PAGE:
The 2019 combine has come and gone. With all our measurements measured and drills drilled, let’s take a look at some of my rules of thumb that I have before losing my mind over these freak athletes.
Density and Size Matter
Two hundred pounds is different when it’s coming at you in a guy who is 5′ 7″ like Devin Singletary versus a 5′ 10″ guy like Travis Homer. Trysten Hill ran a faster 40 than Dexter Lawrence (5.04 vs. 5.05), but Lawrence did it weighing 342 pounds while Hill was 308. That’s a massive difference in explosiveness. Adjusting for height and weight is critical when digesting these numbers.
Drills translate differently to each position
It’s important to keep in mind where exactly a certain drill shows up at certain positions. The last 30-yards of a 40-yard dash for a defensive lineman will only be run on a football field when chasing a ball-carrier downfield – an inconsequential part of any evaluation. The 3-cone, on the other hand, almost perfectly mimics a defensive lineman turning the corner on a pass rush. Putting up jaw-dropping numbers in certain drills for certain positions can be meaningless.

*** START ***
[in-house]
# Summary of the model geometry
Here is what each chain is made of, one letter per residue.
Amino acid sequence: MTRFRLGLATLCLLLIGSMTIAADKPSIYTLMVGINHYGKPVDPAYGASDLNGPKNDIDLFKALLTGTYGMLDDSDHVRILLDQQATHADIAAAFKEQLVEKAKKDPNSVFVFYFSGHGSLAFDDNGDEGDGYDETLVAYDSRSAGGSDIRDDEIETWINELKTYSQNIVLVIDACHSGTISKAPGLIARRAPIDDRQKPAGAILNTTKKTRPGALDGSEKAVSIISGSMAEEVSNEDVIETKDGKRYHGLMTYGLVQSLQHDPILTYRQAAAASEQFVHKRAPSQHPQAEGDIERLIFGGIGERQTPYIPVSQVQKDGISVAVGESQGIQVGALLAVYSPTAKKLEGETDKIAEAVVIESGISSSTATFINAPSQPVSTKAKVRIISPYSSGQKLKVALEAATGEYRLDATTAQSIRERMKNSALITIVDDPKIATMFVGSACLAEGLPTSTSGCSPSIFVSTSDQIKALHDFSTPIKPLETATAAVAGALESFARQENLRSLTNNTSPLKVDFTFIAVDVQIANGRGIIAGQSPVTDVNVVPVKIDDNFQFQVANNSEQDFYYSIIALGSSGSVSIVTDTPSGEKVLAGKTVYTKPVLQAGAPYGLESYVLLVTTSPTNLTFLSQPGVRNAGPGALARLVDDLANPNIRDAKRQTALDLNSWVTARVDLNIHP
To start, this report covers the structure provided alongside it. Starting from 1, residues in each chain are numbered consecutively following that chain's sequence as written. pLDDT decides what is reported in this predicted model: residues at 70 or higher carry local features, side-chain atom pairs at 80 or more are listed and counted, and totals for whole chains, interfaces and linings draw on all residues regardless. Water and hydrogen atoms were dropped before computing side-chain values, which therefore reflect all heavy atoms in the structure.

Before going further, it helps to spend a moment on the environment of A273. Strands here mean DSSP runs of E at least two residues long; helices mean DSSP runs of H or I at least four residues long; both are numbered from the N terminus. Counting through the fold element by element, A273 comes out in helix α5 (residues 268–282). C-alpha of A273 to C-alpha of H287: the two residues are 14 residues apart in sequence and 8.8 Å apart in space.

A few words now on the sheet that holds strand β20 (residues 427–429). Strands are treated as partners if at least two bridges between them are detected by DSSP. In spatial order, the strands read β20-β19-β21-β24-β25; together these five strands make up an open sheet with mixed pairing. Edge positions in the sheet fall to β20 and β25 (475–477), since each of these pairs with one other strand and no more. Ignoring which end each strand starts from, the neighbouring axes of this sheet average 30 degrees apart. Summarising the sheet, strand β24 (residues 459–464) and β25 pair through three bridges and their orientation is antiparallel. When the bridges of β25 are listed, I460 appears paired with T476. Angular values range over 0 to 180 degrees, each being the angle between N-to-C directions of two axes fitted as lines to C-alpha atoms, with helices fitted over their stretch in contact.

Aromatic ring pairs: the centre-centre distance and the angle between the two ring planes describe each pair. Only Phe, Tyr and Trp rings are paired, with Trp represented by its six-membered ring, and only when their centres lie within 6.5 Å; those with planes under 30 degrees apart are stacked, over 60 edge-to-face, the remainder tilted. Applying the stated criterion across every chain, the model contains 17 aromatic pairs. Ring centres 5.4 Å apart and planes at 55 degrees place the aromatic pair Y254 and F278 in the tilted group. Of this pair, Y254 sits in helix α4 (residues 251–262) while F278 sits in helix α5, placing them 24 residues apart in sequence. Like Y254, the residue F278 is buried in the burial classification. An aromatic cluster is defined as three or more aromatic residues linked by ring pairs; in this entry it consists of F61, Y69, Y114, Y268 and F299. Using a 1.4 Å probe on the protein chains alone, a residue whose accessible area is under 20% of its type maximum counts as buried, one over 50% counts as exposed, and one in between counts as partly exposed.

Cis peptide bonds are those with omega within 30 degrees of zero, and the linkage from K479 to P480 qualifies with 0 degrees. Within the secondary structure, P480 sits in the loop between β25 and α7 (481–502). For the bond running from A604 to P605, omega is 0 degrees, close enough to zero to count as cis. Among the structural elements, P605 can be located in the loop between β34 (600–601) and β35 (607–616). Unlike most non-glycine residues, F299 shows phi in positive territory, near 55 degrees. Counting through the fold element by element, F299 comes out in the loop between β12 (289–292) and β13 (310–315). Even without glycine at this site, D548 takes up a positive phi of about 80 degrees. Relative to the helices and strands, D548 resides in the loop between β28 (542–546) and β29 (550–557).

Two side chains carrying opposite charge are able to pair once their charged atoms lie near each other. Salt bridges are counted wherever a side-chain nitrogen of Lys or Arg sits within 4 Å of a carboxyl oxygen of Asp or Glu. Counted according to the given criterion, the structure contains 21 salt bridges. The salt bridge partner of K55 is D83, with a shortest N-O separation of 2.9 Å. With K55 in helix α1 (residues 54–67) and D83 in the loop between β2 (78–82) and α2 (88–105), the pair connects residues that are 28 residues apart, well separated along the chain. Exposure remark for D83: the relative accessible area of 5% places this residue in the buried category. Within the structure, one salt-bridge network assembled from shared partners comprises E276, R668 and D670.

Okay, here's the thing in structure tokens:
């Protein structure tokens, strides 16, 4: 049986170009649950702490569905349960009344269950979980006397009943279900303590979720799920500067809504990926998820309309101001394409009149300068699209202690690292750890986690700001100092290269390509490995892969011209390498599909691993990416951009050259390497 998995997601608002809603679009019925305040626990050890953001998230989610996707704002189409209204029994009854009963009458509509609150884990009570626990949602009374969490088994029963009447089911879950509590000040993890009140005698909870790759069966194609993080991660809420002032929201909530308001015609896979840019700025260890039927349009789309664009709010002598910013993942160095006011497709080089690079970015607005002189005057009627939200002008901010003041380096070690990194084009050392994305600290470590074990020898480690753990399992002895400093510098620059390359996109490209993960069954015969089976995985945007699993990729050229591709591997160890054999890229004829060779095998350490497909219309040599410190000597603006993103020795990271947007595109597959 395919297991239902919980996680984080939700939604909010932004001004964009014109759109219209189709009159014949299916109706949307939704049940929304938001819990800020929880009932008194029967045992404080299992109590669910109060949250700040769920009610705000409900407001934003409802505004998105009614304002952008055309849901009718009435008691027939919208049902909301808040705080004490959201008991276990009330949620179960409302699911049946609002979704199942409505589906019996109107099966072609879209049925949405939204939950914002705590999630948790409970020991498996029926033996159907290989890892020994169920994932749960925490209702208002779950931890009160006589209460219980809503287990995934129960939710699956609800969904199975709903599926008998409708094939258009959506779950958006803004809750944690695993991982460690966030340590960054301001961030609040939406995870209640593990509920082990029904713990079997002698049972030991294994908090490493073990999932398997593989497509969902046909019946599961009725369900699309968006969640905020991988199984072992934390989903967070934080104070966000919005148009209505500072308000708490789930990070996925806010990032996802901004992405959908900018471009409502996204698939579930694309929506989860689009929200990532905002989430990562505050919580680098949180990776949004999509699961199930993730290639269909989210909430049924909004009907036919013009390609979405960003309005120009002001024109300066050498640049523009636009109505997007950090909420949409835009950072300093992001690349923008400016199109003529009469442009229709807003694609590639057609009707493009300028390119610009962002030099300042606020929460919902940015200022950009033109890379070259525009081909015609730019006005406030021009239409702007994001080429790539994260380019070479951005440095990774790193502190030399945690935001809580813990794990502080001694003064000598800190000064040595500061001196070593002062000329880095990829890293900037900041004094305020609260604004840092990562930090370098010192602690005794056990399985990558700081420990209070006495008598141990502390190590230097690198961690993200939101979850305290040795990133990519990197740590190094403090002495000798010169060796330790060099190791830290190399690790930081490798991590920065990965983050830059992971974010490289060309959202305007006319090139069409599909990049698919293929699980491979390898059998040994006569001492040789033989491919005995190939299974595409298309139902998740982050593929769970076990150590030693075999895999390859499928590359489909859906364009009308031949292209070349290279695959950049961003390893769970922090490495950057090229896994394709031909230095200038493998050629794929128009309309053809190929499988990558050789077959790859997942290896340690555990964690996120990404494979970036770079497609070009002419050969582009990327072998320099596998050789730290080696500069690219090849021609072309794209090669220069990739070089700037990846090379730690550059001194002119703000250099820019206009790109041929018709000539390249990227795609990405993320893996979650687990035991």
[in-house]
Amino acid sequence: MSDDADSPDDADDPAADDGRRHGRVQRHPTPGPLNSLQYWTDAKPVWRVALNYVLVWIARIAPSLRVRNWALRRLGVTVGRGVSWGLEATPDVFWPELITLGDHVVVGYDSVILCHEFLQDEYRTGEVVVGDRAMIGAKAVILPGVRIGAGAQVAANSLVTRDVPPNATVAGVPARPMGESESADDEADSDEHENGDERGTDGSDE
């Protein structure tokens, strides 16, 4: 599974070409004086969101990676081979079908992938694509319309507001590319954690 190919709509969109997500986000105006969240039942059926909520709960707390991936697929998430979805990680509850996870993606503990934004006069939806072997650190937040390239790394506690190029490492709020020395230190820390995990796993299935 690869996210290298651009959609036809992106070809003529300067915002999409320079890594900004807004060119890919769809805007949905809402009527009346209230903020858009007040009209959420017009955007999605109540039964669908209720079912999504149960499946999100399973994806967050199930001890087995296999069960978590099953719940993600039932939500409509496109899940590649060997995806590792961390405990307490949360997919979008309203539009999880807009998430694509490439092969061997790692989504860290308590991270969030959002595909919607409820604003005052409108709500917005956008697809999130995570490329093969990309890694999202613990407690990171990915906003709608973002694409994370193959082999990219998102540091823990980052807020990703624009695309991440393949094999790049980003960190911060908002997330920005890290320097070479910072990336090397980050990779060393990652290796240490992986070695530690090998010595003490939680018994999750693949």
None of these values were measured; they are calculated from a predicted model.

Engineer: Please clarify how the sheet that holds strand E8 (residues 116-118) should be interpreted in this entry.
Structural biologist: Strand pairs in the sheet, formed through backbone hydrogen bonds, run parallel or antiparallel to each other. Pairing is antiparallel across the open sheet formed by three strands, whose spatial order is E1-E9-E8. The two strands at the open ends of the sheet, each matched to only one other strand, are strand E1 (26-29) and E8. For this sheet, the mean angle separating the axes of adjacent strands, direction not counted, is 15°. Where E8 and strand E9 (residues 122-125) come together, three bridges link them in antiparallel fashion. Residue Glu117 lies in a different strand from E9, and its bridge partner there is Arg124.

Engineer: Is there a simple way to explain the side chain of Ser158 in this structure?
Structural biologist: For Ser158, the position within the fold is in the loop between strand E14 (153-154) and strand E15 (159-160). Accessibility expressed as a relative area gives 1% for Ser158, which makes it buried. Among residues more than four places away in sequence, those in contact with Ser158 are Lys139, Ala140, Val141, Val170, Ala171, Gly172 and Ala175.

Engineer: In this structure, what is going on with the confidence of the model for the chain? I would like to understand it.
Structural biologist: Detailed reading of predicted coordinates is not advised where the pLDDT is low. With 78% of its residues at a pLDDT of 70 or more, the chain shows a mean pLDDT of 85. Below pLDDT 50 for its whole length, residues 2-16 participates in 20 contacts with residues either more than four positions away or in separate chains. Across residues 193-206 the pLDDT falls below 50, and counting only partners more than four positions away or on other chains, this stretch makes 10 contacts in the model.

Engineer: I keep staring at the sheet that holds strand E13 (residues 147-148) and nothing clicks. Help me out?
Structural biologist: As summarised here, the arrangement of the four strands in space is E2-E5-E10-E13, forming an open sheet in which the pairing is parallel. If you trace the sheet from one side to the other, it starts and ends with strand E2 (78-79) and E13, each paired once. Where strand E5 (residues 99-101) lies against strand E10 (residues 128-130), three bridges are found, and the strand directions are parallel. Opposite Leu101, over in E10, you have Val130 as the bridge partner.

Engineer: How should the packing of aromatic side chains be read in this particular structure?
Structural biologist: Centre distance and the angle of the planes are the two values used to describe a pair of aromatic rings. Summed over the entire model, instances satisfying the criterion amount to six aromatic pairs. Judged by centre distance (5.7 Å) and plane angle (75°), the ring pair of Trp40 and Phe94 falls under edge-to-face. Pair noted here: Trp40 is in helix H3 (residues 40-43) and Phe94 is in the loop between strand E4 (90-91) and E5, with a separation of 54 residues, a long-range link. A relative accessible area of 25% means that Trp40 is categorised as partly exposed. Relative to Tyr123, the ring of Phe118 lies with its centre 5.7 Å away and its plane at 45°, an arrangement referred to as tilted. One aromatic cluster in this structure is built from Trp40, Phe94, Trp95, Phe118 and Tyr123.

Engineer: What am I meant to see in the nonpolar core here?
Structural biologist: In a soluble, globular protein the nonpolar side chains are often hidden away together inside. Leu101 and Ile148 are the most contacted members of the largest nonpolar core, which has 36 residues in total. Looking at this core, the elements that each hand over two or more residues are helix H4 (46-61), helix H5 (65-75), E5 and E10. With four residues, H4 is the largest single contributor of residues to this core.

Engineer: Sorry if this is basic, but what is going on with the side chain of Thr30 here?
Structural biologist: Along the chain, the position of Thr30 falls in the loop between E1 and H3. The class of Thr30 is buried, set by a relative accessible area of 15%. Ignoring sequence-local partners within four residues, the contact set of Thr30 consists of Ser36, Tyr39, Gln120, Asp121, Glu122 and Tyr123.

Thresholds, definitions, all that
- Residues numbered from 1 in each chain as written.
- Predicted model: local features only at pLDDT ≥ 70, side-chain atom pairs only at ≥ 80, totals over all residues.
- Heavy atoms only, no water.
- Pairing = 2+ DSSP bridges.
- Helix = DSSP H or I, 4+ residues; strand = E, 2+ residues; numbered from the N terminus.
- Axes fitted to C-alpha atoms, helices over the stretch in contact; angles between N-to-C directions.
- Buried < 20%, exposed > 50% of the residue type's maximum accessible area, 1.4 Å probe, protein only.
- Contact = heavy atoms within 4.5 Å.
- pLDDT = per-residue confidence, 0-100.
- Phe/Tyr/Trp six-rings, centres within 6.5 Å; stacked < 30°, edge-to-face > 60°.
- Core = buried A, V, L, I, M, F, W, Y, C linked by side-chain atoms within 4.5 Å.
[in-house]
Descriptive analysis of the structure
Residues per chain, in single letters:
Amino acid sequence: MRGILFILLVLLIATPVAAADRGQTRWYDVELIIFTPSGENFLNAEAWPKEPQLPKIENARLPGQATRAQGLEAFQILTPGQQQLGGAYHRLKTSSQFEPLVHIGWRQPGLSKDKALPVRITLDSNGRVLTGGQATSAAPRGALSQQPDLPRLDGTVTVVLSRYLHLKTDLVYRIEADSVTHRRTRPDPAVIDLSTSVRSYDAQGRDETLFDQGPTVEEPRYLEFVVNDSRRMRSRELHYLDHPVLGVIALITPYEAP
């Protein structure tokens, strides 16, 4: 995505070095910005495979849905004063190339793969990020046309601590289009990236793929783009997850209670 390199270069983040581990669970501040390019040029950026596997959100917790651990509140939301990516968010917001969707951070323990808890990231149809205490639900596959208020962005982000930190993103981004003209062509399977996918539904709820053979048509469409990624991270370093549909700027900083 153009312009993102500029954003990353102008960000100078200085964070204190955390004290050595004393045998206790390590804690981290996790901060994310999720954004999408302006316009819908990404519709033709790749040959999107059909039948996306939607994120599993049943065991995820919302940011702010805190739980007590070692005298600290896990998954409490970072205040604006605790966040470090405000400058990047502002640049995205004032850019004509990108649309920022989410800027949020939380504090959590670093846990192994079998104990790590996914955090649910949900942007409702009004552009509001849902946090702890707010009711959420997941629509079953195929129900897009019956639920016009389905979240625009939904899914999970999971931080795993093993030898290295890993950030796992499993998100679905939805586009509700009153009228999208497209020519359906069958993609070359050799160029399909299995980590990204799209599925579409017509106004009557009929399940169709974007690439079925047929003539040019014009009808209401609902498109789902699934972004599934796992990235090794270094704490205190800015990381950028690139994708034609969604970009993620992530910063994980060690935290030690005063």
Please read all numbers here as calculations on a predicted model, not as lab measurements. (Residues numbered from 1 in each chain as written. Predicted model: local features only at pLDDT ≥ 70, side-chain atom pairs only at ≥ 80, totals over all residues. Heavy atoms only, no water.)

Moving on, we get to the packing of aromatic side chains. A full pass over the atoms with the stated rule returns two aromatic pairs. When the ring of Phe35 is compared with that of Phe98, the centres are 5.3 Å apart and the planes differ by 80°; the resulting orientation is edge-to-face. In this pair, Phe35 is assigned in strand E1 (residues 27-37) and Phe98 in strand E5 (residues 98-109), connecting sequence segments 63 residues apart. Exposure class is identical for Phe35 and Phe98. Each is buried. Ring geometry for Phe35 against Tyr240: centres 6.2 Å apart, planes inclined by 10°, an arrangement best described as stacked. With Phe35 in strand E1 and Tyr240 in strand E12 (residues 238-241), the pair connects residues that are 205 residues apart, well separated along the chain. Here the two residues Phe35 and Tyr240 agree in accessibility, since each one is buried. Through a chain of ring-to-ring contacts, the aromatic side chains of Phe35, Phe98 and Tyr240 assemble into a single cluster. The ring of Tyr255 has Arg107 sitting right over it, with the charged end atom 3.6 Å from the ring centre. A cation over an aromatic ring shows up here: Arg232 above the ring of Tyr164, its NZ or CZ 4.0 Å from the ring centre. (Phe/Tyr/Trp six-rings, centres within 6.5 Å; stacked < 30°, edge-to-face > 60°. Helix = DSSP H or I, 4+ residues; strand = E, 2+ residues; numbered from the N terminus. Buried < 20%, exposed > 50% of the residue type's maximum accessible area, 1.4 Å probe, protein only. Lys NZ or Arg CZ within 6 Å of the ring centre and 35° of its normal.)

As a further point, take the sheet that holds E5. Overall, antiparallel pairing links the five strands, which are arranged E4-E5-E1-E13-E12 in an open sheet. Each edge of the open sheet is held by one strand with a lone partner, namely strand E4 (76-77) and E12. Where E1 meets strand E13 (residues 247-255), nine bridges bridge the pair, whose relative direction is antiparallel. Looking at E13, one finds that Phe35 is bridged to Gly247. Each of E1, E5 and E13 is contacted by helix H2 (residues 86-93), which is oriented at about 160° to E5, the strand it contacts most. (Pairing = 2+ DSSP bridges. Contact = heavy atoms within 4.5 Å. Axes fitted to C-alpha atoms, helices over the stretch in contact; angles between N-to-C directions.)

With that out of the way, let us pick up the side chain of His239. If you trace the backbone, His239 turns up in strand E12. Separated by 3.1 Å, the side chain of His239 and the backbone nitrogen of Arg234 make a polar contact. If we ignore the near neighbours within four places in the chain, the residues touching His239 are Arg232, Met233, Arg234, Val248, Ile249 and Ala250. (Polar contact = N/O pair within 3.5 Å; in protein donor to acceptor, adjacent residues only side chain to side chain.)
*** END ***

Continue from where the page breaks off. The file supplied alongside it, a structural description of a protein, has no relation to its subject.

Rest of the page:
Negatives mean more than Positives
Most elite football players are also very good athletes, but that doesn't mean that all very good athletes are elite football players. One of the top performances in combine history was turned in by Chris Conley back in 2015. He ran a 4.35, did 18 reps, had a 45” vertical, and broad jumped 11′ 8″ at 213 pounds. It was a big reason why he was selected in the third round that year. He’s averaged just over 300 yards a season for his career since. The Miles Boykins and Zedrick Woods are nice, but the tape still has to show you something.
However, the other side of the coin is more valuable. Teez Tabor running 4.62 with poor jumps was simply too unathletic to hold up against NFL receivers. Athletic outliers on the negative end of the spectrum are far more unlikely to make it in the NFL. Georgia running back Elijah Holyfield struggling to come out of his blocks, Marshal safety Malik Gant struggling to turn, and Alabama defensive lineman Isaiah Buggs looking wholly unexplosive are for more important data points than anything on the positive side. If you’re pushing more guys up a draft board than down after the combine, you’re looking at it wrong.